December marked the end of Claire Perry’s two-year term as a PeacePlayers International Fellow. Claire had had an indelible impact, especially working with PPI-SA’s girls and the development of LDP. Below she shares some final thoughts about her time with PPI: favorite memories, what was difficult, what she learned, and what she will miss.
I haven’t posted in awhile, not knowing how to say goodbye to my time in SA, afraid my words would not accurately describe my feelings of sad separation as I departed my second family and home, Durban, South Africa and PPI-SA. I have spent two years working as a Fellow for the PPI-SA program and never have I experienced a more eye opening, challenging, yet maturing and beautiful two years. I witnessed incredible basketball and mental development within our participants and coaches, traversed the ever expansive and stunning South African country as coach and tourist, and fell in love with the PPI -SA family.
When I arrived to Durban, extremely pale and wide eyed, my first vivid memory is a trip around Durban proper with our HR and Ops Manager, Ryan Douwie. He introduced me to the seven schools I was to work with as the City’s Area Coordinator, a post now proudly captained by my friend and sister, Nasiphi Khafu. Douwie had mentioned that before I completed my two year fellowship at PPI-SA, which at that time seemed like an impossible and far fetched feat, I will have defined this legacy by my first two months in South Africa. My first two months, however, proved extremely erratic while I coached, taught, traveled to every programme area and met every primary and high school participant possible. I befriended our coaches and became close friends with my teammates and office members. In a nut shell, I was all over the place.
As the months passed, I kept thinking of how to define my legacy, though never fully wanted to wrap my head around that last departure day, when my legacy would be set in stone with no more days to help define who Claire Perry was. I thought I should be the people person, always out in the field, trying to teach our players the importance of using their left hand as much as their right, and the importance of gender equity, especially within our programmes’ seven areas. At times, I also thought I should be the tech person, teaching our staff how to type on our generously donated PC’s and lap tops and how to effectively organize meeting minutes. Then again, I also wanted to lead our high school programme and City-Wide Tournament events, to be recognized for having hosted the most effective, yet entertaining, programme and events PPI-SA had ever experienced.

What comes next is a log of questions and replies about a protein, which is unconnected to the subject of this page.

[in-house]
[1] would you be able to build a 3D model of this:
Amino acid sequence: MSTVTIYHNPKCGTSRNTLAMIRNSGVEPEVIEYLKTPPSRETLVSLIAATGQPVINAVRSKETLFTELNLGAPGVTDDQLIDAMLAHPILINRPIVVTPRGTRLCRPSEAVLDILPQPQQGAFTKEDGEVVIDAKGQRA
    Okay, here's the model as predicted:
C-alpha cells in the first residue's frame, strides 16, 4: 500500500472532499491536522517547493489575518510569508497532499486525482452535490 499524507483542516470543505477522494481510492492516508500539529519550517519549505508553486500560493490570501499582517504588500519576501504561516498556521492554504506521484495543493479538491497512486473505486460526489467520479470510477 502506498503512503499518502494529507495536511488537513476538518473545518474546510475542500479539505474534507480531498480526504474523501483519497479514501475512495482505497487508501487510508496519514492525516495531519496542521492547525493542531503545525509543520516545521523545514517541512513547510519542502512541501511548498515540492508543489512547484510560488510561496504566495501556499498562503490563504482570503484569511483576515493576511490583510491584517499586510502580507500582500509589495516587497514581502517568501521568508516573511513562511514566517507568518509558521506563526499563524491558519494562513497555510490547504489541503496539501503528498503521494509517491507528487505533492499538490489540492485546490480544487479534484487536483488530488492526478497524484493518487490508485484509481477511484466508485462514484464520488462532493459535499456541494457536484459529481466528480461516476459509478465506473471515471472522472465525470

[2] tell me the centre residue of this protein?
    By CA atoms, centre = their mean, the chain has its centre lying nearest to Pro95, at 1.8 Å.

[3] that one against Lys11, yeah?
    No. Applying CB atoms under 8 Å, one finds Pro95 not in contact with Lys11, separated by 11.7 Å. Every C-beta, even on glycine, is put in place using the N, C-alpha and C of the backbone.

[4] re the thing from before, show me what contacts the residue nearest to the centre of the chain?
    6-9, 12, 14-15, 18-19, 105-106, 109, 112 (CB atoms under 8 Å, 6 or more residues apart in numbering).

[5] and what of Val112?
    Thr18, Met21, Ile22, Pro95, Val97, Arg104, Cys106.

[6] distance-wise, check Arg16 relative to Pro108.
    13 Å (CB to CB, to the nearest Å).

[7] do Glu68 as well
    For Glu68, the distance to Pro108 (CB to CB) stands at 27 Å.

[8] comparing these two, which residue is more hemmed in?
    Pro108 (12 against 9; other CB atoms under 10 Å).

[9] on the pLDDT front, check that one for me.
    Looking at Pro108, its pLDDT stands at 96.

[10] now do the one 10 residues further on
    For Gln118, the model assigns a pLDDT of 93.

If I had to define my legacy, I would like PPI-SA to remember me for my passion for basketball, my easy acceptance of others and situations and for the giving of encouragement and guidance. The PPI-SA coaches would always comment on my ability to completely switch personalities as soon as I stepped on the court. Known as the nice, accepting, tall white girl in the office, I would become the ‘smart dirty,’ and competitive basketball player as soon as the laces were tied. I would lose myself in basketball drills, practices, and competitions. I rarely yelled at a team or an individual, as my approach to leadership was always through encouragement, to try and fail rather than never try out of fear of failure and disappointment. I always wanted to be known as the girl who could hold her own on the court and would get done what she said was going to get done, while giving others a chance to share their ideas and to lead.
If I have been able to leave such a legacy, then I am proud to have left PPI-SA after my two years, knowing I allowed others to learn, lead and shine within PPI-SA and throughout the greater Durban area in his or her various positions.
These past two weeks spent at home have been tearful, yet refreshing. I know I want to continue working in the sport for development sector, particularly in the operations and programme development sector either in the states or abroad. I fell in love with South Africa, it’s picturesque landscapes and beautiful, accepting people and want to remember my experiences by putting into action what I have learned. Thank you for the opportunity to share two years with a wonderful group of people who have become my second family.